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Researchers discover first 64-bit botnet malware - more to come?

04 July 2011

Researchers with Kaspersky Lab and Eset have discovered a new type of botnet malware called TDL4 which, as well as featuring bootkit functionality and the ability to neutralise competing malware such as Zeus, can infect both 32- and 64-bit machines.

The fact that TDL4 - which some media reports are saying is one of the most serious threats seen to date - has infected some 4.5 million machines already, is a serious issue says David Harley, Eset's security fellow.

Harley notes that the fact that it is capable of attacking 64-bit machines makes it very unusual.

"The fact that someone has come up with 64-bit malware shows what innovation is happening in the world of malware," Harley told Infosecurity, adding that he fully expects to see more malware in the 64-bit category in the near future.

Harley and his team are working on a white paper on TLD4 which he says looks in some detail at the latest innovations, and is keen to point out its bootkit functionality.

Comparing it with other malware, he says, suggests that TLD4 does not simply borrow elements of darkware code from other botnet infections, but represents new code completely.

In a draft of Harley's white paper shown to Infosecurity - and which is being co-written by Eugene Rodionov, an Eset malware researcher and Aleksandr Matrosov, a senior malware researcher with the firm - the active spread of TDL4 started in August 2010 and since then several versions of the malware have been released.

"Comparing it with its predecessors, TDL4 is not just a modification of the previous versions, but new malware. There are several parts that have been changed, but the most radical changes were made to its mechanisms for self-embedding into the system and surviving reboot", says the paper.

"One of the most striking features of TDL4 is its ability to load its kernel-mode driver on systems with an enforced kernel-mode code signing policy (64-bit versions of Microsoft Windows Vista and 7) and perform kernel-mode hooks with kernel-mode patch protection policy enabled. This makes TDL4 a powerful weapon in the hands of cybercriminals", adds the paper.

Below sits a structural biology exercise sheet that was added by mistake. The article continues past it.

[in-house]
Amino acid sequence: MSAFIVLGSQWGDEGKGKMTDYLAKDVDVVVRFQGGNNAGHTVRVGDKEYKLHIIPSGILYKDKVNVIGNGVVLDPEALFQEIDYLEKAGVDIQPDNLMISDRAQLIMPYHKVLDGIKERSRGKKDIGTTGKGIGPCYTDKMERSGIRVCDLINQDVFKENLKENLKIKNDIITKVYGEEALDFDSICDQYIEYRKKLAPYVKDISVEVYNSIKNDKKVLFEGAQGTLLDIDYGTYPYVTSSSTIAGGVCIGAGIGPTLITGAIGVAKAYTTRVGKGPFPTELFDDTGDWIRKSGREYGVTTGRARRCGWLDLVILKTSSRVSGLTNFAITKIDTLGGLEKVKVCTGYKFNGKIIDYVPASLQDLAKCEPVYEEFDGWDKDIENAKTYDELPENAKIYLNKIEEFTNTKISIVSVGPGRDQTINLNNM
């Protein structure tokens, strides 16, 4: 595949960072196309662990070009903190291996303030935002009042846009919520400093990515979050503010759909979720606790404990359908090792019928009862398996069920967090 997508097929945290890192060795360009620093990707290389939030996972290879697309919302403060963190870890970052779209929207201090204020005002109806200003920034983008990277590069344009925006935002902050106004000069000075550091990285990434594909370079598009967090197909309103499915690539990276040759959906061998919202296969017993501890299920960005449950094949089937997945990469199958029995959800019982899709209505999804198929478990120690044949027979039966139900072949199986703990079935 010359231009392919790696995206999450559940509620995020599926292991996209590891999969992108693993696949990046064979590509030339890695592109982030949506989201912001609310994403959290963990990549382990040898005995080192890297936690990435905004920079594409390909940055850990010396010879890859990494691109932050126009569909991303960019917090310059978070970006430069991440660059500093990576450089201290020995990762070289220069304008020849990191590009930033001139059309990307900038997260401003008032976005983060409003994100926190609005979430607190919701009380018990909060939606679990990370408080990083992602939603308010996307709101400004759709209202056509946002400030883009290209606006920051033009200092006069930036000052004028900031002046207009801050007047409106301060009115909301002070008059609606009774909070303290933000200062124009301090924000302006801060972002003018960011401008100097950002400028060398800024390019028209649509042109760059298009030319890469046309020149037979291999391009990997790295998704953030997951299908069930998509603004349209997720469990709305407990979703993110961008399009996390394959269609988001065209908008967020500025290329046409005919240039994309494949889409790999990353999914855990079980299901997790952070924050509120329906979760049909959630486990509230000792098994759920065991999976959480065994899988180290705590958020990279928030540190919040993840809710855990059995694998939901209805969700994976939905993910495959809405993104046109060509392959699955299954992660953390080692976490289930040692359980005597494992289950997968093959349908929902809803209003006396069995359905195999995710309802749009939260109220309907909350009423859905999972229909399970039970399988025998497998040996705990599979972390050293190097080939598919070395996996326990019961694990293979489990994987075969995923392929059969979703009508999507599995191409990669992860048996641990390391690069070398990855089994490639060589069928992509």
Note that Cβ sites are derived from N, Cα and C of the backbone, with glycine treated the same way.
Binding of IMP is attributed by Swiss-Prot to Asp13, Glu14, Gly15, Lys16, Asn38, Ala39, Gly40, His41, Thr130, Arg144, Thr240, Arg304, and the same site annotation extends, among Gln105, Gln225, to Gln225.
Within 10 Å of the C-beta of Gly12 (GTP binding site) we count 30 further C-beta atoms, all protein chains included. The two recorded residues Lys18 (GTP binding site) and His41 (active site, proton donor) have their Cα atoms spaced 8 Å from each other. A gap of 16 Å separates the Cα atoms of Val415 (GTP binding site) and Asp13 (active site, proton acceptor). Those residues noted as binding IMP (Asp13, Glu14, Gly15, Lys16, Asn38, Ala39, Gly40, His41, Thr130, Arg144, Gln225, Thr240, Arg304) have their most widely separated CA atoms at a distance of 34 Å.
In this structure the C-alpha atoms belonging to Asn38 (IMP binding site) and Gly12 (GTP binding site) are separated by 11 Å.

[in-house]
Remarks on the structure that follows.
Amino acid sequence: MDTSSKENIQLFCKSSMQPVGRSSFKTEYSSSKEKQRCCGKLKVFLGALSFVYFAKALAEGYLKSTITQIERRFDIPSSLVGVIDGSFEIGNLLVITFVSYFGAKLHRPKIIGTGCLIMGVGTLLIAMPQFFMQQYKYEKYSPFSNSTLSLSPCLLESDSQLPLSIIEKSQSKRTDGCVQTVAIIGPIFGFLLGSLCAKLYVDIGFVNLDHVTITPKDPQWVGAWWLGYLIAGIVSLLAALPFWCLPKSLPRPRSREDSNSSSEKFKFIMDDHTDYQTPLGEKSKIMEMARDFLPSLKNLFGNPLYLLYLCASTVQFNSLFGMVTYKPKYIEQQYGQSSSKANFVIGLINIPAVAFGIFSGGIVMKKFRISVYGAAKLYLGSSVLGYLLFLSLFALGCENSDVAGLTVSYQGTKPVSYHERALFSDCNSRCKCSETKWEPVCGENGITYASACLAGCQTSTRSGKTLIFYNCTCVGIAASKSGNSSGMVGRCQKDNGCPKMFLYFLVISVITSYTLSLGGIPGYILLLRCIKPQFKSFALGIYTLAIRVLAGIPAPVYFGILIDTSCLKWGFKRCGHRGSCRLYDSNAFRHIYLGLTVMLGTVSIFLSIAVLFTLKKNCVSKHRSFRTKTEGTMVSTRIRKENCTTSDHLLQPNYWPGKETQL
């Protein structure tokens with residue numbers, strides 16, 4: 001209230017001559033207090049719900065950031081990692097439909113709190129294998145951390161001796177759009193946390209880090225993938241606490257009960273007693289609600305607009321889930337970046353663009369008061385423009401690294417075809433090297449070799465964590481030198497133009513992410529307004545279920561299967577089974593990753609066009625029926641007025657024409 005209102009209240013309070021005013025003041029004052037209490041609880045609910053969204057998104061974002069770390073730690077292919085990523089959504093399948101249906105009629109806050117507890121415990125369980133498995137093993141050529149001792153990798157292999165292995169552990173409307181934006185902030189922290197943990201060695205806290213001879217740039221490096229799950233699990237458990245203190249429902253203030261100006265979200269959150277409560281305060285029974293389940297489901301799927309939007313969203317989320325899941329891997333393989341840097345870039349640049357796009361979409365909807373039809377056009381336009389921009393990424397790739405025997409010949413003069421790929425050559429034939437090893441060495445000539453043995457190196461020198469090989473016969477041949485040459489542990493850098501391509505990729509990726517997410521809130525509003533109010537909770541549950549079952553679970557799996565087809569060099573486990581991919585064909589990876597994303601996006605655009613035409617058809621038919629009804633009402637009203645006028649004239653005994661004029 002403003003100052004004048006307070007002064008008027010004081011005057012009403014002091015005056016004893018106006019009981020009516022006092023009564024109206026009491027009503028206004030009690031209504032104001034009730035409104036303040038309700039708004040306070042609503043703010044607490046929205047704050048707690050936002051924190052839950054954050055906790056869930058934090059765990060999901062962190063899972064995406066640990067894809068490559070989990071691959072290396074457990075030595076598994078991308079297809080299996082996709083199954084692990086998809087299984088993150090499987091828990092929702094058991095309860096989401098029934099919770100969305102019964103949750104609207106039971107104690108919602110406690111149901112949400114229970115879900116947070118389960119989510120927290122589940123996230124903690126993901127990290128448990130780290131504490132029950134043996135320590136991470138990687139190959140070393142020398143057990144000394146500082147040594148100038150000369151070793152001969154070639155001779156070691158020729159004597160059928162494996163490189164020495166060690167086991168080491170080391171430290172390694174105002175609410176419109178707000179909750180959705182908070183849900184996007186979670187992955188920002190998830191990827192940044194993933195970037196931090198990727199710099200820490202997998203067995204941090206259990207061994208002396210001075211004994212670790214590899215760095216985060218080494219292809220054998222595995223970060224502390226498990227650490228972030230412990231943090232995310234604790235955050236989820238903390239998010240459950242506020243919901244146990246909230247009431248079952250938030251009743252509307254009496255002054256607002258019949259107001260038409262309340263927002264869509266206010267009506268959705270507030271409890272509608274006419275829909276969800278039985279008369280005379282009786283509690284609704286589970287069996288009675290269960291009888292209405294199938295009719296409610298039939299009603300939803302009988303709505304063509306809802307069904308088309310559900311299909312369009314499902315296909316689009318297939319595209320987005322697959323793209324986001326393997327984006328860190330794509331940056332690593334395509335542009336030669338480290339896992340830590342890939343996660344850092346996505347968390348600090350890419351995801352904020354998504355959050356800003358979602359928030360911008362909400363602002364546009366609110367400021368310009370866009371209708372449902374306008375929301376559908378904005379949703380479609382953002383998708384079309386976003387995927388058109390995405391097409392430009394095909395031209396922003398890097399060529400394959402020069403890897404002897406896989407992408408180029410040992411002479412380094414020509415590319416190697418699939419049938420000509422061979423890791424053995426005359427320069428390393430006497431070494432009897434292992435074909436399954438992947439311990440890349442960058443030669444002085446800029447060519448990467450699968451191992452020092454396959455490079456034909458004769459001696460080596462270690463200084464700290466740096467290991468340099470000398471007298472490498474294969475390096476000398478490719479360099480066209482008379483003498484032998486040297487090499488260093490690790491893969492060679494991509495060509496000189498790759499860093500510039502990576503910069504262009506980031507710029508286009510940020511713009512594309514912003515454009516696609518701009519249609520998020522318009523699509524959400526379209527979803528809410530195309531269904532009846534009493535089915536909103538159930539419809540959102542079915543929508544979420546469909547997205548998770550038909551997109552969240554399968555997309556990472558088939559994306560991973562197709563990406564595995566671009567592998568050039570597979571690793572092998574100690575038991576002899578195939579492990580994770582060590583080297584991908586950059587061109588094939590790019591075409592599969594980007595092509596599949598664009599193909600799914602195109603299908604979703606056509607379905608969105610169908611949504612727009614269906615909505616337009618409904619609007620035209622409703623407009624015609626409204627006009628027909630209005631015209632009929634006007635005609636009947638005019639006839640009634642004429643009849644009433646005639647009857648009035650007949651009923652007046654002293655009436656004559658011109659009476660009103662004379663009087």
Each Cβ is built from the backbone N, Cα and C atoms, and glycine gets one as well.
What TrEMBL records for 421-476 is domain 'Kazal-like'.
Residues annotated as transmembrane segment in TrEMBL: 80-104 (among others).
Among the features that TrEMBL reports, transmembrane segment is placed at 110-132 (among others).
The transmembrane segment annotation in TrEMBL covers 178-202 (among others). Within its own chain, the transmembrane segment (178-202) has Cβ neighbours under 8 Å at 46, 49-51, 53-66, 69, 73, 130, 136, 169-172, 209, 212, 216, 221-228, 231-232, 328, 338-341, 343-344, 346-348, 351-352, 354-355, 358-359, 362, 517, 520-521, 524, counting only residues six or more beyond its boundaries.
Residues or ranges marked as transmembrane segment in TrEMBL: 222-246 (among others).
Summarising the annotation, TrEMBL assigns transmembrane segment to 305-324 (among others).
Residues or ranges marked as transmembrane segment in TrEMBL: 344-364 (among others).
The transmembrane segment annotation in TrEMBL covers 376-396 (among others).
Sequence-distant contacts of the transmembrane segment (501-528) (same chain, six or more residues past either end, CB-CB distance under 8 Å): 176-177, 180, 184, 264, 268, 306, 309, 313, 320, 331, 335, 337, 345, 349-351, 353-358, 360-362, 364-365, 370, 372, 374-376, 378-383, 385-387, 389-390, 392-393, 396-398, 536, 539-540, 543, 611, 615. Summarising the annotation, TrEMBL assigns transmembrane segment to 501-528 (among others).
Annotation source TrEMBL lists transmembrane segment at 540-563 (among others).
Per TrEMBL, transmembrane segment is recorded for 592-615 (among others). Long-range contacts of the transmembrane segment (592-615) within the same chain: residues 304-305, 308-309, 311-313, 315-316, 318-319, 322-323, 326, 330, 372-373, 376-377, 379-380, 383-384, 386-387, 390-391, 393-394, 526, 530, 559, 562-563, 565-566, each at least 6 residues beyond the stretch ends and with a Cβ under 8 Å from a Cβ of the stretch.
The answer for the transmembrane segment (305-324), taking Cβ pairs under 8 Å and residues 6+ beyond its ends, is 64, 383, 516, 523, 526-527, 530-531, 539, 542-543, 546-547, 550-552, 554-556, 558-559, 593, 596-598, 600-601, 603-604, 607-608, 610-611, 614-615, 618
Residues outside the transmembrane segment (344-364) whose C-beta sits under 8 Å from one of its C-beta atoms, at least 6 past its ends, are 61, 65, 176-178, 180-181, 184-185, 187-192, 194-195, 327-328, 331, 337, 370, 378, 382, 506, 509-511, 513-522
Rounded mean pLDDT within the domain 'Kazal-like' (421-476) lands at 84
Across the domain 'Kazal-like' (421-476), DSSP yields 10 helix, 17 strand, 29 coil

The Eset research into TLD4 is confirmed by Kaspersky Lab's research into the botnet malware.

According to Computer Weekly, more than 4.5 million computers around the world have been infected by the TDL-4 virus, creating a potentially indestructible botnet.

The owners of TDL, says CW, are trying to create an indestructible botnet protected against attacks, competitors and antivirus companies.

CW cites researchers from Kaspersky Lab as saying that TDL and the botnet that unites all the computers it infects will continue to cause problems for users and IT security professionals alike.

A quarter of all infected computers are in the United States, worth $250,000, whilst just 5% of the infected computers are from the UK.

As with older versions of TDL, TDL4 is reported as being spread through affiliate programmes, which check the version of the operating system on a victim machine and then download TDL4 to the computer.
Affiliates receive between $20 to $200 for every 1,000 installations of TDL, claims Kaspersky.

Back at Eset, meanwhile, and Harley plus his team say that special attention has been paid in their research to the bootkit functionality which appeared in TDL4 and enabled it to begin its launch process before the operating system is loaded.

In addition, says the Eset white paper, TLD4 has the ability to load an unsigned kernel-mode driver - even on systems with kernel-mode code signing policy enabled - and by-passing kernel-mode patch protection mechanisms.

"These characteristics all make TDL4's a prominent player on the malware scene", notes the paper.

This article is featured in:
Application Security  •  Malware and Hardware Security

 

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